Blog

Have You Heard
the One About…

3 July 2014

Einstein gives a lecture in 1934. Jacob Rader Marcus Center of the American Jewish Archives
Einstein gives a lecture in 1934.

This week I’ve gotten a number of questions about various proposed models in astrophysics, such as the one about how anti-gravity could explain dark matter and dark energy.1 Or the one where dark matter is a result of quantum interference on a cosmic scale.2 Or the one where the cosmic microwave background is actually due to thermal turbulence rather than the big bang.3 There are lots of ideas that show up in the literature and in the press, so how do you judge the quality of a particular idea?

When I look at a paper, I usually start with broad claims and narrow down to the specific. Initially I look for any obvious red flags. For example, the claim that the cosmic background is thermal turbulence is a big flag. A central claim of the work is that the big bang and all the related physics (redshift, cosmic inflation, etc.) are all wrong. As I’ve written earlier, there is a great deal of observational support for the big bang. You don’t get to be a robust scientific theory without strong evidence, so a paper claiming a robust theory is fundamentally wrong better have some Nobel prize level evidence. In this case, the paper makes broad claims but only cites minor observations that the author feels agrees with their revolutionary model. So it is pretty clear the work is unsubstantiated.

The “broad claim” approach is often made by so-called “crank” science, where a revolutionary new approach is proposed that is obviously correct. Since extraordinary claims require extraordinary evidence, they are also the easiest to dismiss. The response is often to accuse “establishment” science as being closed minded, or not willing to learn their new and radical model. But as we’ve seen from the recent BICEP2 drama, even a skilled team of researchers studying well accepted models can overstate their results. Pointing out obvious flaws in a model isn’t being closed minded, it is actually treating the work scientifically.

The other two papers look at effects attributed to dark matter. They don’t make claims that sweep away established physics. So the next step is to see if they introduce any “new” physics. The anti-gravity paper does this by asserting that virtual particles in empty space could induce an anti-gravity effect. Like an earlier paper looking at a difference in the speed of light, this paper treats virtual particles as real ones, which is a contentious approach. In this paper they go further and claim that matter and antimatter gravitationally repel each other.

This is an idea that has been looked at before. There have even been recent experiments trying to determine if antimatter “falls up” as it were. So far the results are inconclusive, but it is generally thought that antimatter will fall just like matter. If it doesn’t, that would have dire consequences for established models such as general relativity. So this paper depends upon new physics for which there is no evidence, which puts it on weak ground. But the authors also propose an experimental test, which is a point in their favor. Specifically they note that if quantum antimatter is a cause of dark matter effects, it should affect the orbit of distant Kuiper belt objects such as (55637) 2002 UX25.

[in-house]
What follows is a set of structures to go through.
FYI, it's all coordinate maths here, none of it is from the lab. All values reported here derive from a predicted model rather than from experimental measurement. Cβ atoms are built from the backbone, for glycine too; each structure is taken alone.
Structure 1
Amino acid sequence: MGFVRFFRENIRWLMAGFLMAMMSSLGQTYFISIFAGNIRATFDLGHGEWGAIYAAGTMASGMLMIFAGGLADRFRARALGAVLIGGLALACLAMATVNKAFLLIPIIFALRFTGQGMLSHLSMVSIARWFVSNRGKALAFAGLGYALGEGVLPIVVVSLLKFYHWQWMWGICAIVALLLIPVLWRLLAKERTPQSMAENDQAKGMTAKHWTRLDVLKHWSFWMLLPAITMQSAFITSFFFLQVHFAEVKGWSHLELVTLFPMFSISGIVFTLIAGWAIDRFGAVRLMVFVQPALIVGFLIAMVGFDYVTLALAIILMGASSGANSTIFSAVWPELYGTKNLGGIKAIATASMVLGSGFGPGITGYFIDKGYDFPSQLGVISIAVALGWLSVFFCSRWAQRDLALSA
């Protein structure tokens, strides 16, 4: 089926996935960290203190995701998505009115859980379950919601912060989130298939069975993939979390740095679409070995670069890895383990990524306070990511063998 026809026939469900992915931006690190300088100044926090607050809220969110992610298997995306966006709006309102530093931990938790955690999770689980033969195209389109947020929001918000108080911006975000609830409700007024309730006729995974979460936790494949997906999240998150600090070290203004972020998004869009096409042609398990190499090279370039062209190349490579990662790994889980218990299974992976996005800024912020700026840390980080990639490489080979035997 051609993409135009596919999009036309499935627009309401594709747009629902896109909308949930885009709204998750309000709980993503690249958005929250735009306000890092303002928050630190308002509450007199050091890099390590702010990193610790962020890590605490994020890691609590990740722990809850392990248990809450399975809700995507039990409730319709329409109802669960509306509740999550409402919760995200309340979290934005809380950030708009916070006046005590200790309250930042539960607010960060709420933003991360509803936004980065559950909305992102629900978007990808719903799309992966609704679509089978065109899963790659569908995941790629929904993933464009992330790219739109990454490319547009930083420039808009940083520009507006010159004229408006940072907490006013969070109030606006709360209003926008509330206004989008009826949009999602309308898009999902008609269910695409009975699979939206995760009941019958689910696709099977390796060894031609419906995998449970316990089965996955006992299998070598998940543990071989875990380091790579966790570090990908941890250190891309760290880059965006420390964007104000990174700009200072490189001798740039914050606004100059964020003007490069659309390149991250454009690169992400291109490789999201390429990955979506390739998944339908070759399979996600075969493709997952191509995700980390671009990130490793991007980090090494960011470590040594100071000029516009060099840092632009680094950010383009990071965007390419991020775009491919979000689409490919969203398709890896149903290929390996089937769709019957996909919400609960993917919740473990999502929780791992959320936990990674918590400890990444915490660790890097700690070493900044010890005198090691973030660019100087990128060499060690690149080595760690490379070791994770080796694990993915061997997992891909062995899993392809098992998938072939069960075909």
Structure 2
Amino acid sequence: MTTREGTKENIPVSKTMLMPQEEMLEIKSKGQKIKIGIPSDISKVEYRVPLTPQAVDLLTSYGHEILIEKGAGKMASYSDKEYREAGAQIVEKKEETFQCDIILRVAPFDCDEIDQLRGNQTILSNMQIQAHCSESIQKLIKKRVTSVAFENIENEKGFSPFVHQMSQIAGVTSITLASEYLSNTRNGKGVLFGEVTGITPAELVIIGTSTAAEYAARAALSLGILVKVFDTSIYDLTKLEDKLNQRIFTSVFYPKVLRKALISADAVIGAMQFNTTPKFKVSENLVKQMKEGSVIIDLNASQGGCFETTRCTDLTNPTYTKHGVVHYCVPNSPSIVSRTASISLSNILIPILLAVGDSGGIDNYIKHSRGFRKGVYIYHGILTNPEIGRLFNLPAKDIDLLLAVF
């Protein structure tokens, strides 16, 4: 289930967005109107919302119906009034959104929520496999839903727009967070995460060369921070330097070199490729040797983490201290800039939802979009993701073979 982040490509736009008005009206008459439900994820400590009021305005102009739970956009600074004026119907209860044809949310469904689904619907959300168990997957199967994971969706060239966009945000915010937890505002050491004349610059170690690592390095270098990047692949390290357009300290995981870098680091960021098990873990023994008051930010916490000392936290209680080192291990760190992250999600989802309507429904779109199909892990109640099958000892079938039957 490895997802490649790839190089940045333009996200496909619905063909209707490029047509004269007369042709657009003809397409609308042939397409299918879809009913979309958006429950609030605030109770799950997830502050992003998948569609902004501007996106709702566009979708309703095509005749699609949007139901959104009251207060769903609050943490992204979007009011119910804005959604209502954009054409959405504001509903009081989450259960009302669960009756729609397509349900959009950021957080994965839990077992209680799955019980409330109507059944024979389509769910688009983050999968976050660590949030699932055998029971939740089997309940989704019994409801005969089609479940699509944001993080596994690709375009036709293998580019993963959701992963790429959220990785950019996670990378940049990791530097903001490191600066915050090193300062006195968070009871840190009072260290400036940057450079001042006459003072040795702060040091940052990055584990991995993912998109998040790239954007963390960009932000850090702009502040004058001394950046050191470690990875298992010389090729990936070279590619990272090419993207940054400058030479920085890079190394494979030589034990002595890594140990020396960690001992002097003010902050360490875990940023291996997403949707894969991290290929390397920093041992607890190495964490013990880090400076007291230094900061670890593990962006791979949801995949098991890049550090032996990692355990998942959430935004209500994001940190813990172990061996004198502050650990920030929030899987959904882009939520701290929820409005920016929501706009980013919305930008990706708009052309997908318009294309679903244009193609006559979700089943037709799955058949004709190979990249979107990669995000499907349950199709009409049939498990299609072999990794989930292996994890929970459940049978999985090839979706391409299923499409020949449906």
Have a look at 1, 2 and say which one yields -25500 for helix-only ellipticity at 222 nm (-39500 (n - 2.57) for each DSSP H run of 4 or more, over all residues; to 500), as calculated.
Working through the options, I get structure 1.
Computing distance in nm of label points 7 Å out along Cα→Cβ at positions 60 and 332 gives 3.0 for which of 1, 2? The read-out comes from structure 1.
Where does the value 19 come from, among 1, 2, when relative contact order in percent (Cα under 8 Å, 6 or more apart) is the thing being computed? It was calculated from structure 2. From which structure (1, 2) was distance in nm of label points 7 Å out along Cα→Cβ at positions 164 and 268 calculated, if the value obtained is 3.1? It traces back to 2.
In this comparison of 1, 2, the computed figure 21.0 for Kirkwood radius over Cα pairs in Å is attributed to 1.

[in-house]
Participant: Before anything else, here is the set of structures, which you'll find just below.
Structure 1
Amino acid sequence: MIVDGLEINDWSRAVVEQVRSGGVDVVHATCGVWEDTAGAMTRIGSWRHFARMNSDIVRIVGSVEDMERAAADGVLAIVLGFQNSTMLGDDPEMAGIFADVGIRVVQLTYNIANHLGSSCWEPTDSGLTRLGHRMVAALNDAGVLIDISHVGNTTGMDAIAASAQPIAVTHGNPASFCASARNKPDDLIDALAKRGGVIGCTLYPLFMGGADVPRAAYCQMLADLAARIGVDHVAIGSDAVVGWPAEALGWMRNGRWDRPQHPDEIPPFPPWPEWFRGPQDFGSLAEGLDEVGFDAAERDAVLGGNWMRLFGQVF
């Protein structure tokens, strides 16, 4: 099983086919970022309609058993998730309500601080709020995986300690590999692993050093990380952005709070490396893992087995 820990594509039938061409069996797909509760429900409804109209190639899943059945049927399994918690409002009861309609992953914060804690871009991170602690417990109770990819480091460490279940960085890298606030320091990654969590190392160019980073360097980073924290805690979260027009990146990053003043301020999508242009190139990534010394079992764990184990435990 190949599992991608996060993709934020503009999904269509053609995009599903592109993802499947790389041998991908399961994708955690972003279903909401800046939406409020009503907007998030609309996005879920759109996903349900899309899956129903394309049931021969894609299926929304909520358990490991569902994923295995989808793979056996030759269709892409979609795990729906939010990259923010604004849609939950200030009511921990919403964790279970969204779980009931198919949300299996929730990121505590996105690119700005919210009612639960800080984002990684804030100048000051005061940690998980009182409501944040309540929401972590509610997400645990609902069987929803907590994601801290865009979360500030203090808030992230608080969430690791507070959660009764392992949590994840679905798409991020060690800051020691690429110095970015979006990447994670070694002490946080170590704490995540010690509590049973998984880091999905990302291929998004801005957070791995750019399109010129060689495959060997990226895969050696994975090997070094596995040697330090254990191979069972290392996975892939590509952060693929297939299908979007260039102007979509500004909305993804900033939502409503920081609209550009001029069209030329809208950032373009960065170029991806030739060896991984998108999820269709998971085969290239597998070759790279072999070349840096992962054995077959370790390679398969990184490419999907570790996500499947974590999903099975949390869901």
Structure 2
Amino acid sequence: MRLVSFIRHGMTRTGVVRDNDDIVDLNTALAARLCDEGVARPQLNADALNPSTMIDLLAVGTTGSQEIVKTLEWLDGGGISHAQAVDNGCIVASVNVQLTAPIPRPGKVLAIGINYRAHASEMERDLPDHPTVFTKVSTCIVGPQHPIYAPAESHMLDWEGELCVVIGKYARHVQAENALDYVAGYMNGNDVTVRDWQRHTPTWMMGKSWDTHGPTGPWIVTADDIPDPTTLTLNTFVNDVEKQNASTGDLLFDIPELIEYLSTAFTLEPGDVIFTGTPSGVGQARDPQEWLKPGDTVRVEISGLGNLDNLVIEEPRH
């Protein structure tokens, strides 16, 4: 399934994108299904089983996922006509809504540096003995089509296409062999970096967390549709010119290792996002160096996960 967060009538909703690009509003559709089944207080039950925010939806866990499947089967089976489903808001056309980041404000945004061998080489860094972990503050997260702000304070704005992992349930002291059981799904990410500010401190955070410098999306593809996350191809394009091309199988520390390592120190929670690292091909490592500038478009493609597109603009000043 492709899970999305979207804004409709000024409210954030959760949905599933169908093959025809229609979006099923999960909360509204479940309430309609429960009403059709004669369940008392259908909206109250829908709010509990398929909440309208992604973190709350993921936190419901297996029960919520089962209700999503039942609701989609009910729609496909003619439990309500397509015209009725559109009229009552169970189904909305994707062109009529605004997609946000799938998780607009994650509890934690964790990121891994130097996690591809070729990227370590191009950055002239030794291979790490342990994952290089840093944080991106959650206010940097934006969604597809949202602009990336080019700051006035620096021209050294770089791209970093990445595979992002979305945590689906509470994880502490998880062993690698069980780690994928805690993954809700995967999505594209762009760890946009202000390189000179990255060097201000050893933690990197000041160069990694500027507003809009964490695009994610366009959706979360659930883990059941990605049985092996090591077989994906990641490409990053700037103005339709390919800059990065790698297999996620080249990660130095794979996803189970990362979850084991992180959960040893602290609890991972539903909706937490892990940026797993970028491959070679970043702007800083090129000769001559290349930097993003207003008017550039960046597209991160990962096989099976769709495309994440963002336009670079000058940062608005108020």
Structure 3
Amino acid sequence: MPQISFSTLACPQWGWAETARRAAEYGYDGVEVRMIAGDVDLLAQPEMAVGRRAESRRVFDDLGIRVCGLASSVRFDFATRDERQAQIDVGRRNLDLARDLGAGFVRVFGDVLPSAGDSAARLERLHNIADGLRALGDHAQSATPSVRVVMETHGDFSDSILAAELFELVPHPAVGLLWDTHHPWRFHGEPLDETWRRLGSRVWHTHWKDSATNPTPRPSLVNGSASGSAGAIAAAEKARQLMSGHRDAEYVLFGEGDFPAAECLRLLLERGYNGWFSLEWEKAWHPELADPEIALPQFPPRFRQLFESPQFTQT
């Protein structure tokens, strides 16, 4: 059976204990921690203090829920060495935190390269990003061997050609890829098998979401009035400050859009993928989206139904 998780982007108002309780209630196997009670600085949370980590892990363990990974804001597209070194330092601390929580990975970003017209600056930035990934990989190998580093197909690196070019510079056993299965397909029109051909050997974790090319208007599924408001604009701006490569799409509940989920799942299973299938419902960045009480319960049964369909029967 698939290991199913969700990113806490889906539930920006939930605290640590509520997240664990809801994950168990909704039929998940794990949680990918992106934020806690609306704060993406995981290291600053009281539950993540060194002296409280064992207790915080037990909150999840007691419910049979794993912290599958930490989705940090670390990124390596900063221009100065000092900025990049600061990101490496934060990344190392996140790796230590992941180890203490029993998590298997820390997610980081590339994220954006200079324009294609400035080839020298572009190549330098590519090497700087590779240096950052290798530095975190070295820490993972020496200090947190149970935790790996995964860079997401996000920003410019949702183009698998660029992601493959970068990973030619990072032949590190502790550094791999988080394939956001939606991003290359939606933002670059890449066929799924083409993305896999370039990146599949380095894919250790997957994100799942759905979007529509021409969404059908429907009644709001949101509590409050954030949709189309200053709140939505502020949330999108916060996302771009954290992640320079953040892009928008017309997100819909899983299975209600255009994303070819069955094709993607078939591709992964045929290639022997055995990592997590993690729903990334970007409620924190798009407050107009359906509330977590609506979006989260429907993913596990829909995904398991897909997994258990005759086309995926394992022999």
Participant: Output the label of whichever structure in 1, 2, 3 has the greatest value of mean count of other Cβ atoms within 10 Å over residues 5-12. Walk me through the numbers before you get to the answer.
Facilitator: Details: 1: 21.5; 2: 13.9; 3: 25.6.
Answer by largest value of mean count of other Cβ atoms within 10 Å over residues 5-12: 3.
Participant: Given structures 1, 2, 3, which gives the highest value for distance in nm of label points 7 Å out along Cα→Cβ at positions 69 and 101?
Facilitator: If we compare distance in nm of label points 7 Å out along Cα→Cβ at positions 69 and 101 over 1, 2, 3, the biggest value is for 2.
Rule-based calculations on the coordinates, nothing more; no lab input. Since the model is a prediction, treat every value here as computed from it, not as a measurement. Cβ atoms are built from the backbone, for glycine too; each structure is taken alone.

So radical new physics, but also a clear predictive test of the model. This puts the paper in the “fringe” category. That is, very speculative but making testable predictions. If experiments show that antimatter does indeed fall up, then it might be worth looking at Kuiper belt objects for antigravity effects. For now, though, it is just an idea.

The last paper takes a different approach to dark matter. In this case the paper doesn’t introduce new physics, but takes established physics and applies it in new ways. The paper looks to address a very specific weakness in the standard cold dark matter (CDM) model. Specifically the fact that dwarf galaxies don’t fit the model as well as we’d like. Combine this with the fact that we haven’t directly observed dark matter particles, and you have a perfect opening for new ideas. Here the paper proposes that dark matter is not only cold, but super-cold. So cold that it acts as a Bose-Einstein condensate. Put simply, this would mean that dark matter could act as a single quantum system. Computer simulations show that the model could address the difficulty with dwarf galaxies.

So this last paper makes a new approach to a clear difficulty in current models, and doesn’t invoke controversial new physics. It hasn’t made any clear predictions to distinguish it from other models, but it is the type of new idea that mainstream theorists propose to address observational difficulties. As the model is developed further, and we gather more observational evidence, we’ll be able to determine if the model is viable.

Astrophysics is a difficult field, and it is always good to look at new ideas. But as we can see, some ideas have more potential than others.


  1. Gai, Mario, and Alberto Vecchiato. “Astrometric detection feasibility of gravitational effects of quantum vacuum.” arXiv preprint arXiv:1406.3611 (2014). ↩︎

  2. Schive, Hsi-Yu, Tzihong Chiueh, and Tom Broadhurst. “Cosmic structure as the quantum interference of a coherent dark wave.” Nature Physics 10.7 (2014): 496-499. ↩︎

  3. Fahr, Hans J. “The big bluff: Or is the ‘big bang cosmology’ going to collapse?.” ↩︎